Sequels often get a bad rap because they are rarely better than the original film. But if we look at those sequels which are equal or better than the original film, they tend to fall into one of these 5 categories.
Most commercially successful films have a sequel, especially those released over the last 40 years or so. That’s just how Hollywood operates – they find something that resonates with audiences, and so they want to give audiences more of what they like. You can’t really blame them. Unfortunately, sequels infrequently achieve the same level of success as the original hit films. Audiences who enjoyed an original film expect the same sort of excitement going into a sequel, but it is very difficult to replicate a second time around.
However, there are some exceptions. For every five Caddyshack II’s there is one Terminator 2: Judgement Day. Successful sequels impressed audiences, and in some cases, surpassed the original film in some way. While the reasons behind a sequel finding success vary widely, there are a few interesting trends which might help indicate why those films managed to buck expectations. Below are five techniques utilized by some of the most renowned sequels to meet or exceed the impact of their predecessor. If anything, they serve as a blueprint on how a new sequel could turn out. They don’t guarantee success, but they have proven that success can be found with these type of approaches.
- Peel Back the Curtain, At Least a Little Bit
Indiana Jones and the Last Crusade
The Empire Strikes Back
In other words: Provide some back story to a character or plot that is notoriously secretive or elusive.
Why it works: Audiences will be intrigued to know more about their favorite character(s). This adds new depth and can give audiences a new reason to fall in love with a character they already know.
Caution: Tends to work best for franchises which don’t give away secrets readily to begin with. For characters whose histories are already well defined, adding more to their backstory can cause plot holes and prevent suspension of disbelief.
- Find a New Perspective/Approach to an Old Favorite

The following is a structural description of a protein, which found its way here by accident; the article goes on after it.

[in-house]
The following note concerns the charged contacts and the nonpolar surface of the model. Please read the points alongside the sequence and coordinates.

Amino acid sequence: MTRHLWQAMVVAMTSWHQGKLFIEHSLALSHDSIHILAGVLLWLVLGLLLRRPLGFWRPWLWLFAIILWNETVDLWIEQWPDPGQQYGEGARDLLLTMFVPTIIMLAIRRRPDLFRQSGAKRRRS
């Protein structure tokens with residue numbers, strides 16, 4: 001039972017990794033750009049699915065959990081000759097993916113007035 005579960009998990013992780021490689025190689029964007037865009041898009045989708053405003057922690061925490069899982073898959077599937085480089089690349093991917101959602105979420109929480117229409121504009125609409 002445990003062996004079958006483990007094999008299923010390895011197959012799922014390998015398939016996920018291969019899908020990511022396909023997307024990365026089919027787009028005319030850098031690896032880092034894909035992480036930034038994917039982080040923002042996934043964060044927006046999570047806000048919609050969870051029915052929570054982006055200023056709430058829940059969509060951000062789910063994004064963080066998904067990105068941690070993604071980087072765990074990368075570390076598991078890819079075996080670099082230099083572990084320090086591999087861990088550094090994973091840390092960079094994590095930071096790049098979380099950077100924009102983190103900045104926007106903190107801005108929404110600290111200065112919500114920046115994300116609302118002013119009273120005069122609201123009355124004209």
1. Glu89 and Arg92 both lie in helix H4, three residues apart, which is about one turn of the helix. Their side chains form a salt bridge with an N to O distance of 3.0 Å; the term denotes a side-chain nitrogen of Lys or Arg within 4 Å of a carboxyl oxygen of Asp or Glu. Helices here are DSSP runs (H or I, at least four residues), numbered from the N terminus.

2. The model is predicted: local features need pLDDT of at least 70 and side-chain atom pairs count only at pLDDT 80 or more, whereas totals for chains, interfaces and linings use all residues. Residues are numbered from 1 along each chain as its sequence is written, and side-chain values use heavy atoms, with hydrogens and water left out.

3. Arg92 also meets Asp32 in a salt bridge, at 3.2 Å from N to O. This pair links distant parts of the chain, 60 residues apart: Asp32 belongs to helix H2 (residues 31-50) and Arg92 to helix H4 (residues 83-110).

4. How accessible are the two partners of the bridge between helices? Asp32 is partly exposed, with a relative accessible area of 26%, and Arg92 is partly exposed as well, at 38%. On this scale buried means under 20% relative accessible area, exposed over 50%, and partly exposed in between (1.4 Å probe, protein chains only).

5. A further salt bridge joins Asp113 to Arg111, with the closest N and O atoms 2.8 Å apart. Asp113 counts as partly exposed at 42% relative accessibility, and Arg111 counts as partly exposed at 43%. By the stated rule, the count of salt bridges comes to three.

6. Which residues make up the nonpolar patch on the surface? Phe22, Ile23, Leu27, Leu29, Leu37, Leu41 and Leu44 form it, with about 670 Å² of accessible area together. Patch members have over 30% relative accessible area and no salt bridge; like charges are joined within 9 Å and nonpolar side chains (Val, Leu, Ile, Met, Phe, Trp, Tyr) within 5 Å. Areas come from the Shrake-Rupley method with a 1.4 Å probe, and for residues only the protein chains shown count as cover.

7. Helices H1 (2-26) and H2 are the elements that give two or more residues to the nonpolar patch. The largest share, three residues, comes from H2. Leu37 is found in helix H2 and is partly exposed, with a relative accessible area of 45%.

Harry Potter and the Prisoner of Azkaban
Star Trek: The Wrath of Khan
The Dark Knight
In other words: Portray the characters and their story in a new way, or in a new light.
Why it works: In the movie business you can’t keep doing the same thing and expect the same level of success. Sometimes you can just rearrange the furniture and that will do the trick.
Caution: Changing things up only for the sake of change is a non-starter. There has to be solid reasoning for the new perspective or else skeptical fans of the original are not going to buy in.
- Go Back in Time
Godfather- Part II
Star Trek : First Contact
X-Men: Days of Future Past
In other words: Change the timeline in which the characters exist, allowing them new adventures or perspectives that were not otherwise possible.
Why it works: There may only be so much gold you can dig out of the original setting or situation of a film. By changing timelines you can essentially place the characters in a new setting. This allows for new adventures with the old crew, without treading on familiar territory.
Caution: Be careful with prequels, especially if the original cast is not involved. Those tend to be more about milking money out of a franchise than actually expanding it organically.
- Flip the Script
Terminator 2: Judgment Day
Top Gun: Maverick
In other words: Invert a key component of the original plot for the sequel – this can be a plot element, a character’s role, or even the setting.
Why it works: Maintains elements of the original film, but essentially rearranges them. That makes the old elements seem new and exciting again, without reducing the importance of what happened in the original film.
Caution: Look out for movies where these types of changes are too on-the-nose or predictable.
- Change the Genre
Army of Darkness
In other words: Like changing perspectives, but more like moving the goalposts. Sequels strive to accomplish different things from the originals.
Why it works: Allows for plot developments that would not have otherwise been possible with the approach to the original film(s). Allows characters to grow in new ways, and allows the filmmaker to cater to the elements of the original film(s) which worked the best.
Caution: Watch out for films trying to be something they aren’t. The change in genre has to make sense in terms of the narrative.